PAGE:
the third day of our trip, on which we actually cross into Alaska, and complete the Alaska Highway.
Dawn in Yukon. Just past Haines Junction, we hit the final stretch of Alaska Highway.
Close-up of distant purple mountains over Destruction Bay. Yes, that is what it is called! It was named by the troops who were building the road in 1942, and had the wind blow away their new structures.
Making good time to Alaska. It is our understanding that, while there are speed limits in Yukon, they are enforced extremely rarely.
We made it!
Alaska in infrared.
End of the line. 31 1/2 hours to clinch the Alaska highway. [Dan photo.]
Things start to get a little interesting on the road to Anchorage. Around here, we’re reminded that we’re in Alaska. In the middle of winter. Who’s responsible for this brilliant operation?
First photo of the morning. Heading west at a moderate speed.
Highway 3 is the road to Haines, which is in Alaska. The road passes through British Columbia along the way. Although you’d be hard-pressed to tell from this photo, route 3’s symbol is an eagle.
Just a minute or two after the photo I led off with … here, we actually got out of the car for a bit!
Here’s what the scene looks like in infrared. Pretty similar.
The road goes into the hills. [Dan photo.]
A little bit of pink in the sky at dawn.
Approaching Destruction Bay. [Dan photo.]
Clear blue skies over Destruction Bay.
Mountains just west of Destruction Bay.
The famous winds of Destruction Bay blow snow across the road.
The road turns north for a bit.
Signage is helpful and informative.
Traditional Yukon scenery.
Distant mountains. Clouds. Those trees whose name I do not know. Yep, must be Yukon.
The first guide sign in Alaska, just past the border. The border patrol gave us minimal guff for once, and even explained why the red flags go up every time we cross. Apparently, ridiculous things like “drive to Alaska, just because it is there” is what people do when they’re 60, not in their 20s. And they say the government doesn’t profile. Yeah… right. At least, this time, they were upfront about it.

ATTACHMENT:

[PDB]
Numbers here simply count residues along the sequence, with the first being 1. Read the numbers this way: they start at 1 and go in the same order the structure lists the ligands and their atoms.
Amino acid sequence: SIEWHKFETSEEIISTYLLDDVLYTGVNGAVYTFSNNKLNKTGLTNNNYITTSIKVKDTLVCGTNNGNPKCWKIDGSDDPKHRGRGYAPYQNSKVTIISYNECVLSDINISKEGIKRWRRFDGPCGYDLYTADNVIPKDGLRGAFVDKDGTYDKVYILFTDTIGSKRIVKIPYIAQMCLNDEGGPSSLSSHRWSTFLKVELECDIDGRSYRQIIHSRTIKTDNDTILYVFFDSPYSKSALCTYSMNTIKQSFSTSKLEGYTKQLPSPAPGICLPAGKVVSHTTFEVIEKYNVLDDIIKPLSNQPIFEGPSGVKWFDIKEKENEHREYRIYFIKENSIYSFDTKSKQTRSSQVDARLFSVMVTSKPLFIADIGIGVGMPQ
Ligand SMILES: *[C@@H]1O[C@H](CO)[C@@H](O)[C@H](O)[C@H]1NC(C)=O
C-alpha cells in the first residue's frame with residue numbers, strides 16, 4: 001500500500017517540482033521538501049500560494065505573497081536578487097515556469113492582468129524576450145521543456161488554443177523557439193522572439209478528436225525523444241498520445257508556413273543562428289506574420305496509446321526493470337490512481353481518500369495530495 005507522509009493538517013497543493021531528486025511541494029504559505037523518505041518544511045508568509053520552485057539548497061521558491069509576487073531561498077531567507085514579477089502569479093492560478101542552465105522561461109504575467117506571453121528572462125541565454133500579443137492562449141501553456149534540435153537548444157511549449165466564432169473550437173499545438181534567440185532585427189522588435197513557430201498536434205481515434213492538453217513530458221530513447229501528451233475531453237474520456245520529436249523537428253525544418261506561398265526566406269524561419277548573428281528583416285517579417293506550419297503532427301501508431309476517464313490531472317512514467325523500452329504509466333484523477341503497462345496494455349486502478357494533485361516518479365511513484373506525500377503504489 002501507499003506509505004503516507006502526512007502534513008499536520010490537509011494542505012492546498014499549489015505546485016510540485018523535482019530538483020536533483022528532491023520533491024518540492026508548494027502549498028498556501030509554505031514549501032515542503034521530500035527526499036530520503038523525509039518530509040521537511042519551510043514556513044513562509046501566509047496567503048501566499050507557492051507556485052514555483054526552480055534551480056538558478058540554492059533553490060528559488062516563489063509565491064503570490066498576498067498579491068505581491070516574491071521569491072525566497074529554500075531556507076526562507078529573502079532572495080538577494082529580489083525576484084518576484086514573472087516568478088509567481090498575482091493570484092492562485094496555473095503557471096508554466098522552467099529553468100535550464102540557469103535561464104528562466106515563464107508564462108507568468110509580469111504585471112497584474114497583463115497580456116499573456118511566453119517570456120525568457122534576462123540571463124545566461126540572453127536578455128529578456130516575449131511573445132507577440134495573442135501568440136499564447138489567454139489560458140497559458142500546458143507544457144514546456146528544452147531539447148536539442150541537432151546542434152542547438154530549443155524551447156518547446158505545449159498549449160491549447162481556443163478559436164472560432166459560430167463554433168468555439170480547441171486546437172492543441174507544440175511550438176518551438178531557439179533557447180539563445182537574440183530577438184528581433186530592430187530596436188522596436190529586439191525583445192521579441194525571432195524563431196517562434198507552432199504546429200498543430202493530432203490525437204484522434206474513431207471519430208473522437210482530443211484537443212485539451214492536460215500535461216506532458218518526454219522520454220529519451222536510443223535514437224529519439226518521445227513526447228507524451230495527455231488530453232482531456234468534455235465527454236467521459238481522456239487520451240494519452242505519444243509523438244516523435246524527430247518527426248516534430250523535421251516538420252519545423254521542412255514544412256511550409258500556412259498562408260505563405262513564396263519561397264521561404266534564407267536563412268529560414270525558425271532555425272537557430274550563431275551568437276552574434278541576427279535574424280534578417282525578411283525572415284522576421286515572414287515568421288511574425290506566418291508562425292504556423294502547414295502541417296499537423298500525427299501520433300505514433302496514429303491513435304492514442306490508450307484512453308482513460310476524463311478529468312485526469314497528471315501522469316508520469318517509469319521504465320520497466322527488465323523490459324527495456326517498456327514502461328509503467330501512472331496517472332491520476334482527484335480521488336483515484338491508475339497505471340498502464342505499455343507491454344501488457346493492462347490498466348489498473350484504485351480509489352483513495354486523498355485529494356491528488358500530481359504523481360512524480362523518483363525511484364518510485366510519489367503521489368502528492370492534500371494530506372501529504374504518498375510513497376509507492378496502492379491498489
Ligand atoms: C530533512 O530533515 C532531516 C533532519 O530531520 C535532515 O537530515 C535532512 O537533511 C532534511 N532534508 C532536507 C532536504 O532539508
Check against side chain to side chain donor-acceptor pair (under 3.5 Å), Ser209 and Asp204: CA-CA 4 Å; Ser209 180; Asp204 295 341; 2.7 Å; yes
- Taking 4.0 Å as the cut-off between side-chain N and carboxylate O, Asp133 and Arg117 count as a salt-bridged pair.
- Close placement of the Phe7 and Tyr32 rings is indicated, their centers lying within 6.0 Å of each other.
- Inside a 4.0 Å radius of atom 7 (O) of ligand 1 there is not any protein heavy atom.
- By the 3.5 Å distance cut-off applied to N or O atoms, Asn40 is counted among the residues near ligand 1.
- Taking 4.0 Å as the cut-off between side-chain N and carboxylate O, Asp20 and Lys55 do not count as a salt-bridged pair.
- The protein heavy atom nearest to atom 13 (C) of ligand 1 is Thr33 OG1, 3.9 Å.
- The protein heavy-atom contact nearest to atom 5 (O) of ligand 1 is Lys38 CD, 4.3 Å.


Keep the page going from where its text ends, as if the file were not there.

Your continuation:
The second guide sign in Alaska. The fancy wooden sign is first, then the distance sign, then this green welcome sign.
Alaska is overcast, so here I switch to the IR camera, as that tends to give better contrast in the clouds most of the time. Alas, not this time. Blown out white skies!
Guide signs appear brown in infrared. Well, they start out blue, but I always swap the blue and red channels when processing IR. Blue ends up corresponding to about a 780nm wavelength of light, and brown is 840 or so. (The threshold between visible red and infrared is about 700nm.)
Bright lights get blown out as yellow.
The first Alaska shields we see. And also, the last Yukon. Alaska 5 turns into Yukon 9. It is the Top of the World Highway, which rejoins the Klondike Highway somewhere well north of Whitehorse. [Dan photo.]
The poor Yukon shield has a foreground that is nearly the same color in infrared as the background.
More IR. Alas, still no cloud definition!
Looking backwards at Tok Junction. Unfortunately, sometime between the last time I was here and now, Alaska switched to Clearview.
The world-famous Tok communication tower.
Only 109 more miles and we finish the Alaska Highway.
This is what happens when you overexpose in infrared.
Everyone’s favorite milepost. [Dan photo.]
Ominous dark skies.
Mile 1371 – about fifty to go to Delta Junction.
Our favorite pointy trees.
For variety’s sake, here’s one from Dan in visible light.
Looking south off that very bridge. Yep, shooting into the sun! It’s doable in infrared.
How to make great time. [Dan photo. I was busy making said time!]
Back to visible light.
A very old reassurance marker. [Dan photo.]
A close-up showing the black falling off the sign. This is the oldest sign on highway 2.
Prepare to lose rear wheel if buffalo looks directly at you.
Driving down the Richardson to Glennallen, where we will hit the Glenn Highway. The infrared does nothing against the low cloud cover.
Here is where we attempt to set some kind of land speed record. I think at one point I didn’t go below 95mph for about 20 miles.
Stratus clouds: the bane of our existence!
Old silver scotchlite shields at the junction of the Richardson and Denali Highways. The Richardson is the other half of route 2, and also route 4. The Denali is closed for the season.
What’s this? Featureful clouds! This is a very short-lasting phenomenon: soon we’ll be lost in the murk again. (By the way, that is an IR photo – the landscape is sufficiently without vegetation that it looks the same as visible light would.)
We reach the junction with highway 1, that’ll take us to Anchorage. [Dan photo.]
Looking backwards at the Tok Cutoff, which is highway 1 to the east of highway 4.
Not to be confused with the Lake Louise in Alberta.
Here, Dan takes all the photos, while I attempt to keep us on the road. This photo has had the contrast blown up 800%. The road wasn’t nearly this visible in real life!
60 miles ’til we get out of this mountain pass. [Dan photo.]
Pick a deity and praise him/her/it/tentacles! Dan processed this photo way better than I could. His photo, he’s the expert.
We made it over the mountains! We’ll visit Sarah Palin on our next day of travel – for now, it’s down to Anchorage to eat solid food and sleep in a legitimately horizontal orientation.
next up – we drive to Fairbanks and then back down to Watson Lake on the Alaska Highway.